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Welcome to a forum dedicated to applied behavior analysis. The purpose of this blog is to provide a forum for students, parents and professionals to access information and discuss timely concerns regarding the science of applied behavior analysis in a reader-friendly manner.

I have fallen off the blog recently, mostly due to the completion of my dissertation and spending time with my daughter. As I delve back into the home-based and consultation world, topics to discuss and share with those interested in applied behavior analysis appears endless. I hope to take this blog in a direction of bridging the gap across the various orientations towards working with and teaching children with autism and related disorders...I'm a behavior analyst through and through, but we can do better in various domains that we have been hesitant to discuss in the past. My interests are veering into the realm of self-regulation, problem-solving, relationship development in addition to working with children with substantial interfering behavior. Comments and discussion is both welcome and desired.

Friday, May 18, 2007

ABC and Functional Behavior Assessment

In response to searches about ABC analysis, I wanted to include a quick word about ABC analysis and the importance of it in an FBA.

In order to identify the function of a problem behavior, you want to look at the antecedent (what triggered the behavior), the behavior (what did it look like, what was the intensity, repeated frequency) and the consequence (what happened directly after the behavior and what may in fact be maintaining the problem behavior). In addition to ABC it is also important to identify any setting events that may be working to keep the behavior going. A setting event is anything that does not directly trigger the behavior but occasions the behavior to occur, and in many cases is much more significant than the antecedent. Below is more of descriptions of these terms with examples.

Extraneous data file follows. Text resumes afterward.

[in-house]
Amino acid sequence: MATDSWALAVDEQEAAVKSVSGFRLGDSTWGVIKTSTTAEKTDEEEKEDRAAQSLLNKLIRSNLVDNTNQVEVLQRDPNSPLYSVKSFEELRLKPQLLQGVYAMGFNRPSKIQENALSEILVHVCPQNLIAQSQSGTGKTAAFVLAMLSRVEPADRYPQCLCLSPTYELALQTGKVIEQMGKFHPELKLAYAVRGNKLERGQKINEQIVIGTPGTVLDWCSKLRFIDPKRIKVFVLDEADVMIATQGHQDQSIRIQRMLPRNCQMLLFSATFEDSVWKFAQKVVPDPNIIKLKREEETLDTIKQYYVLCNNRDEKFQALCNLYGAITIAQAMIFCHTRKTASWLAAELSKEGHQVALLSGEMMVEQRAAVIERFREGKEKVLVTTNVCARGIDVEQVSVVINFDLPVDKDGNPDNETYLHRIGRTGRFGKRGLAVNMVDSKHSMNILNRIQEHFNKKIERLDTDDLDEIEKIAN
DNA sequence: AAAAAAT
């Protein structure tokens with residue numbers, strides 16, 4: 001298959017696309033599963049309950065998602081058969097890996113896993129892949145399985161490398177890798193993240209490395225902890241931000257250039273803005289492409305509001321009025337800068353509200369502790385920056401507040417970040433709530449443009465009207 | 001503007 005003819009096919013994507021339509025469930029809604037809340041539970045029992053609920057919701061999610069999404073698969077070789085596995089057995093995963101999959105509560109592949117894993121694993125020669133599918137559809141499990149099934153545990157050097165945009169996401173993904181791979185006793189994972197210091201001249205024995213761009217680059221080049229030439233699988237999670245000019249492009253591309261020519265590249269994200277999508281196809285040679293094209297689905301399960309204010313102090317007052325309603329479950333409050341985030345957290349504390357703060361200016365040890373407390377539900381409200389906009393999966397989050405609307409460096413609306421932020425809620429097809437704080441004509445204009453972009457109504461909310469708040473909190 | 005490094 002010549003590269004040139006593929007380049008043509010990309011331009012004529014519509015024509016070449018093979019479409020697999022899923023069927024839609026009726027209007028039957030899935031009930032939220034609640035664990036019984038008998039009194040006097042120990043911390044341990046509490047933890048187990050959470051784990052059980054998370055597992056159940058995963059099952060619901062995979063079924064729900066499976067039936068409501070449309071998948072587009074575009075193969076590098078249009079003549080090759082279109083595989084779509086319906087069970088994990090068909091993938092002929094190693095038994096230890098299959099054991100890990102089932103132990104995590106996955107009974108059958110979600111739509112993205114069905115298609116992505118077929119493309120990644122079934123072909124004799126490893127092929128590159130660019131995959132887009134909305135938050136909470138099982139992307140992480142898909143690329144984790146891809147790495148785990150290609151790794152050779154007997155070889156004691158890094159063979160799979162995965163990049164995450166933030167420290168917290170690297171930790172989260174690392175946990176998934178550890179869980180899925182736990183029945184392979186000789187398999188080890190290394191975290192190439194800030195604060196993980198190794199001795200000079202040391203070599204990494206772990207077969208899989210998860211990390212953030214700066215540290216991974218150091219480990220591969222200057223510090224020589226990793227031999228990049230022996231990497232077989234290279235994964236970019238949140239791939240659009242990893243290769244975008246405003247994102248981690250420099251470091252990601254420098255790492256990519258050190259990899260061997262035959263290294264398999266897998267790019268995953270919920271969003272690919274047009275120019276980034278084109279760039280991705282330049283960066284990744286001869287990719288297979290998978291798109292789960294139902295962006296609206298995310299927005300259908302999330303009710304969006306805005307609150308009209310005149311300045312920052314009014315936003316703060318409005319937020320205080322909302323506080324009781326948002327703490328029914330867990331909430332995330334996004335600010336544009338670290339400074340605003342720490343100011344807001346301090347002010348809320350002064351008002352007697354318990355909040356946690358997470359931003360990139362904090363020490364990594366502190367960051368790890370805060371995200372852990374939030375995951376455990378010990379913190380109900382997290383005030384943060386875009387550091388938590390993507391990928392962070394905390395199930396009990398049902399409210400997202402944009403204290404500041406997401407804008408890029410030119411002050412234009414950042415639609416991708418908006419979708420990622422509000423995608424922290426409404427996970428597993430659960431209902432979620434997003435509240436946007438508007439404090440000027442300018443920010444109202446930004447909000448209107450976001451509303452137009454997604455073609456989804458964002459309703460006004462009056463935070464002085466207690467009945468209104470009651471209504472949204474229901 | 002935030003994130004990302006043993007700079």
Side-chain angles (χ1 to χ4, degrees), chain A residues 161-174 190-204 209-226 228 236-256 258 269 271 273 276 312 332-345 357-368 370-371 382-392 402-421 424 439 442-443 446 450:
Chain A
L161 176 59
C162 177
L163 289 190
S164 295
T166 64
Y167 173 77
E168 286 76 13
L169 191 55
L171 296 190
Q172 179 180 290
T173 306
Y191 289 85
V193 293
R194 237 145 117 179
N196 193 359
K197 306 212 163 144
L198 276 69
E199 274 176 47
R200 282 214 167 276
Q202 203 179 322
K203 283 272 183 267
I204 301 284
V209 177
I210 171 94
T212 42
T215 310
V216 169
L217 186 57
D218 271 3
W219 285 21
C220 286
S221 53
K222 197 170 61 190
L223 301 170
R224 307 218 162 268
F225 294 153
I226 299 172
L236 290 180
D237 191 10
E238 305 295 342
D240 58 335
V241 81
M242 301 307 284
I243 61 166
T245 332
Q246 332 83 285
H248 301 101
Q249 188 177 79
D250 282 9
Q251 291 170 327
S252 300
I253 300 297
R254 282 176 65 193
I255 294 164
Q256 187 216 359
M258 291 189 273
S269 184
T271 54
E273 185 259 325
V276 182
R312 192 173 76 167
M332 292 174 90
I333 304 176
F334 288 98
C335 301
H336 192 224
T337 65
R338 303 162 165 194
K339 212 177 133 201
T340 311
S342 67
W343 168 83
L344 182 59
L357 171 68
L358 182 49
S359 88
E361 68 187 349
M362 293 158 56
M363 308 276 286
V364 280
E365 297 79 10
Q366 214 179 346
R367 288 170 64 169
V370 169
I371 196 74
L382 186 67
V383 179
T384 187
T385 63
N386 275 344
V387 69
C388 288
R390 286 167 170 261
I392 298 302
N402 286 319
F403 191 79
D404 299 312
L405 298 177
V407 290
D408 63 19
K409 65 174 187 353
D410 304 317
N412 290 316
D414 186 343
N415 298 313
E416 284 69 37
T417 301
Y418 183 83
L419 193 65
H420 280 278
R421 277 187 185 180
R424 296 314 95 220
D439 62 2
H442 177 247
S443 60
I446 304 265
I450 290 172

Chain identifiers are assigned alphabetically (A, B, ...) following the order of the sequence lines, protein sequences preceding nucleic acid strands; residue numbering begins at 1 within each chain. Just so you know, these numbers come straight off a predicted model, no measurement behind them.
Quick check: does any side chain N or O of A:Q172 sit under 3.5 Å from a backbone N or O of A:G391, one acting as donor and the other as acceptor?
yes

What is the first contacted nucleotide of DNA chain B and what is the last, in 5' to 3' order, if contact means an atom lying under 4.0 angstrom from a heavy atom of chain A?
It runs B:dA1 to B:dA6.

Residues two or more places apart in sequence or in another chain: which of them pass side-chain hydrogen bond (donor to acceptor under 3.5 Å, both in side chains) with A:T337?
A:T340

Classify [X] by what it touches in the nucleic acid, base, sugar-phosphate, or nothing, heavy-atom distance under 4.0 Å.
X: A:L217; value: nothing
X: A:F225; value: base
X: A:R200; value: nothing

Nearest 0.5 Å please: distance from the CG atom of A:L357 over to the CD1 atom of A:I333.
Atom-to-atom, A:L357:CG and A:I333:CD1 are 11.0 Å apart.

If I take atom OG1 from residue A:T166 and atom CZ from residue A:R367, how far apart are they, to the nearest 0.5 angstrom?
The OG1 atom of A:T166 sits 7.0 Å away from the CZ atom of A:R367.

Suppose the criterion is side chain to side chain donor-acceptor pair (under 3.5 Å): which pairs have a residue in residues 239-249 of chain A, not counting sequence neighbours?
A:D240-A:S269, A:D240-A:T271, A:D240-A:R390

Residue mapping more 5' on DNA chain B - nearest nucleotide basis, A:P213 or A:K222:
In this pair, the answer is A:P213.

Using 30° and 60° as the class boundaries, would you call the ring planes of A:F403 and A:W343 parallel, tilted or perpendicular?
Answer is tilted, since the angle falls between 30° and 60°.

Setting Event - A setting event can be anything that increases the likelihood of the problem behavior occurring. Many professors and analysts will say that it is something that happened in the near distant past, but I take the explanation of Ted Carr. A setting event can be something that occurred in the near distant past (a fight last night, sitting on the bus to someone that was screaming, not getting enough sleep). A setting event can also include changes in the current environment (the lights are too bright, there are a lot of people in the room, it is noisy). Another setting event can be the person you are working with. For example, if my brother asks me to give him a ride to the store (the antecedent) I may do so willingly because he does things for me as well, and he is a generous and kind individual. However, if a cousin asks me to give him a ride to a store, and I have had nothing but negative interactions with this individual, I may yell, start a fight, or retaliate. Here it is clear to see that the antecedent (asking for a ride) is not the important factor in the analysis of the behavior. Rather "who" asked is the factor that is important to identify.

This can be the same with a child in a school or home setting. If a preferred teacher places a demand, the child may comply with no problem behavior. If a non-preferred teacher places the identical demand, this may trigger a tantrum. This is not due to the antecedent, but rather where the antecedent came from.

Setting events are not fluidly incorporated into FBAs at this time, but are factors that need to be analyzed and addressed. There is much more to discuss on SE, but I will leave it for another post.

Antecedent - This is the immediate trigger: usually in our programs, the demand, but can be anything that happens that directly triggers the behavior. Once antecedents have been identified, a behavior support plan can address the antecedents in order to modify the environment and help the individual attain success. For example, if a demand is an can we change that demand to make it less aversive.

Consequence - This is what happens directly after the behavior, and may be maintaining the behavior. For example, task is presented, child cries, task is removed. The removal of the task is making the child's escape-motivated behavior very successful. When looking at the consequences, you want to identify how can you stop making the inappropriate behavior successful for the child.

To complete an analysis, all these factors need to be taken into consideration. On a data sheet, you should have space for date, time, activity, person, possible setting event, antecedent, behavior, consequence, and a space for comment. When I analyze Se-ABC data, I like to highlight the rows by function to help me identify which function is maintaining each behavior.

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